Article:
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Found 1 result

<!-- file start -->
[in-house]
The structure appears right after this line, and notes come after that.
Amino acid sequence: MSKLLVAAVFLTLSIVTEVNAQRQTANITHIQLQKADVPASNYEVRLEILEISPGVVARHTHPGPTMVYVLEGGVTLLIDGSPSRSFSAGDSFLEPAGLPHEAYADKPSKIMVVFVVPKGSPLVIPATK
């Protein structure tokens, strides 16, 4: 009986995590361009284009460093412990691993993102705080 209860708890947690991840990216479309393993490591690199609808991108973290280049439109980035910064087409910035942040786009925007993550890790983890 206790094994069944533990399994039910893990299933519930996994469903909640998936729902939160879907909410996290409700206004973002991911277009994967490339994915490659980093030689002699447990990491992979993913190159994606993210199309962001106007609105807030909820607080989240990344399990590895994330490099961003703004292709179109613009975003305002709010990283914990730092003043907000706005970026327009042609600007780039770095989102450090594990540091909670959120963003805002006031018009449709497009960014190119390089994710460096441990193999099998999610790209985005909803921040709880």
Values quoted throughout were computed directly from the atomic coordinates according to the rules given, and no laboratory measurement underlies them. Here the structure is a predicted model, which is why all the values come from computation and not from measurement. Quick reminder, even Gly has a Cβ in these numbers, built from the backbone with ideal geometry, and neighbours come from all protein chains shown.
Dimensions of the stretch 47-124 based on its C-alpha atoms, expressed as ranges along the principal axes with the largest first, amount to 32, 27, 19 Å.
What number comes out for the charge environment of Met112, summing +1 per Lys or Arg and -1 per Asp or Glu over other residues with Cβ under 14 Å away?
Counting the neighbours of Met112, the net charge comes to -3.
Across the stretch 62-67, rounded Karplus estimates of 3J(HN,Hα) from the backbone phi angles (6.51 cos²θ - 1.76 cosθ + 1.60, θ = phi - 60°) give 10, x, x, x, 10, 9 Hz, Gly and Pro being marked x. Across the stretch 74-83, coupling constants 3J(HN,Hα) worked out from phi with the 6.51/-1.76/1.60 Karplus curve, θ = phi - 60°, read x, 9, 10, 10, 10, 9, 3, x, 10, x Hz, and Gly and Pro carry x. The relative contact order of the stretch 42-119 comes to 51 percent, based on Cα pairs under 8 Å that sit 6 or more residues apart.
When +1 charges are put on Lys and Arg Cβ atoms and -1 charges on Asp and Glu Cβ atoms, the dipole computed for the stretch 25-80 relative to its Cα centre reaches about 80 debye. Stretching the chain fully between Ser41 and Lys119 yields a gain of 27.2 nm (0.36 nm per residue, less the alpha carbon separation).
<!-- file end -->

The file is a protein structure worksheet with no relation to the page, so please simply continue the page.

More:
1. The Old Man passed away Monday. He would have been 85 in August. The older guys down at Giglios knew Ted Wheeler as “Ten Pound Ted”. Whenever Dad had some free time, he went fishing. He grew up in Hoquiam, Washington, which is on Grays Harbor, which opens up to the Pacific. Fishing in the northwest corner of Washington state was mostly done on inland rivers and streams for Cutthroat, Steelhead, Rainbow Trout and Salmon and away from the surf. Back in the '40s and '50s, hardly anyone fished the Washington State Pacific surf. The surf was too big and the first break was a mile or more out to sea and probably nobody knew there were any fish in the swirling whitewash. Ted’s Old-Man Roy (my grandfather) must have gotten anxious waiting for the Steelhead or Cutthroat Trout season to start, or he got bored of throwing spinners at Dolly Varden Trout, (Steelhead and Dolly Varden were the Striper and Bluefish equivalents, in that order, of Pacific Northwest streams and rivers), so he took my dad to the beach to find something to fish for. Dad always claimed his father discovered that you can catch Surf Perch on those huge Pacific Beaches with a piece of clam, which is what they did when they needed to fish, and the trout and salmon seasons were closed. When Dad was in the US Army he did not have much time to fish. After the Army he went to Clemson and found out you can catch trout in the streams of some of the Appalachian foot hills. On one of his trips, his fishing buddy, a 270 pound offensive guard for the Tigers was bitten by a cottonmouth. Dad said he couldn’t get the guy to leave and go to the hospital because the Football player was not going to let a snake bite ruin his fishing trip. In 1970 “Ten Pound Ted” moved to Little Silver and stayed there until Hurricane Sandy forced him and mom to move to Shady Oaks. After a long stretch of little or no fishing while in the Army or college, or starting a career and family, moving to the “Jersey Shore” in 1970 allowed him to fish whenever he wanted to, and he did. He would tell you the trout and salmon fishing was better on the West Coast but the surf fishing was better on the East Coast. Dad probably went 10 years before he caught his first Striped bass. It was not for lack of trying. In the 1970s and early 1980s, Stripers were extremely rare. When he wanted to catch “a fish”, any fish, he would usually take me. When we wanted to catch bluefish and probably a weakfish or two, we would drive to the Monmouth Beach Club Jetty and wait for the Bluefish to trap the spearing, tinker mackerel and other baitfish in the northside corner of the jetty. If not the Monmouth Beach Jetty then Tradewinds, or the Asphalt Jetty, or Surfrider or any of the other jetties up to the Hook, that are now mostly covered with sand. When the fish were stacked up on the Ocean Avenue sea wall, and the birds were diving just on the other side, we would scale the wall with our fiberglass polls, Penn reels and Hopkins or treble hooks. If my mother knew at the time, as an 11 year old, dad let me climb down the ocean-side of the sea wall, with waves crashing, to gaff a twelve pound weakfish stuck in the rocks, she would have killed my father for letting me do that. There was a run of “Tide Runner” weakfish back in the early eighties. The Monmouth Beach Car Toppers would bring in fish close to 20 lbs. and occasionally those fish would come in close enough to catch from the wall. I remember the old man hooked into one that nearly pulled him off the wall, which easily would have killed him. That fish ended up lost in the rocks buts we had fun. If the blues and weakfish weren’t running, and at a time when Striper Fishing was mostly futile, we would find other species to catch. Dad liked a good tasting fish so we went out for blackfish a lot on the local jetties. That’s when he started making his own sinkers for easy breakoffs. The jetties in Northern Monmouth County were usually productive though those blackfish were usually on the small size. We also fished Sandy Hook for blackfish a lot. Our favorite place was where that large chunk of white concrete stuck out of the sand at low tide. Besides some decent sized blackfish, those rocks produced kingfish and the occasional sea bass. If it wasn’t bluefish, weakfish or blackfish, fluke were a good diversion in the middle of the summer. I remember hiking up to the tip of the hook at 6:00 AM with him and then sprinting when we noticed the thousands of mosquitos we attracted while crossing through the swampy parts of the dunes. The huge ships that passed within casting distance in the Sandy Hook channel were always impressive. By the time the Stripers had recovered and catching one wasn’t so rare, I was involved in too many high school sports to fish for them, or was in college, or lived in the city. When Dad retired in the 1990s he was in his full fishing glory. He could still hop the rocks, walk miles of sand, or just stand at the end of Peninsula Avenue in Sea Bright to fish and “shoot the breeze” with guys with funny nicknames. His nick name was “Ten Pound Ted” because he couldn’t catch a striper that weighed more than 10 pounds. Dad’s retirement and the peak years of the Striper cycle lined up perfectly. He had the most time to fish when there were the most fish to be caught. His “retirement” from fishing was long and enjoyable and in stages. First he stopped going on the rocks, and hung up his cleats. A few years later he stopped wading in the surf and hung up his waders. As he got older, Dad stuck to the inside and liked to fish Peninsula Ave and then Branchport Park, where he probably did more talking than fishing. Finally, visiting Giglios, having a coffee and cigarette, and listening to fishing stories was his version of a fishing trip. When I moved to the Jersey Shore in 2009, my 20 year hiatus from fishing was over. The old man of course had collected tons of equipment over the years and he was pretty happy to hand it all over to me instead of letting it collect dust in the garage. I still use his Penn 700 series reels, which he always swore by, and the rod Jim Cousins gave him as well as any number of plugs and lures. These last few years, the closest Dad could get to the fish was to ask me how the fishing was. I would show him a phone picture of a fish I caught, or tell him the “black ducks of death” had landed out front and it was over for the season. Even in his last few days Dad wanted to know if I was catching anything. He liked to fish calicos and sand bugs in July and August. I told him I’ve been floating bugs just off the drop and had a few hits earlier in the week. He liked the sound of that. -------- A Memorial Gathering will take place at the John E. Day Funeral Home, 85 Riverside Avenue, Red Bank, NJ 07701, on Thursday July 18, 2019 from 4-8PM. A Memorial Mass will take place at 9:30AM on Friday July 19, 2019 at St. James RC Church in Red Bank.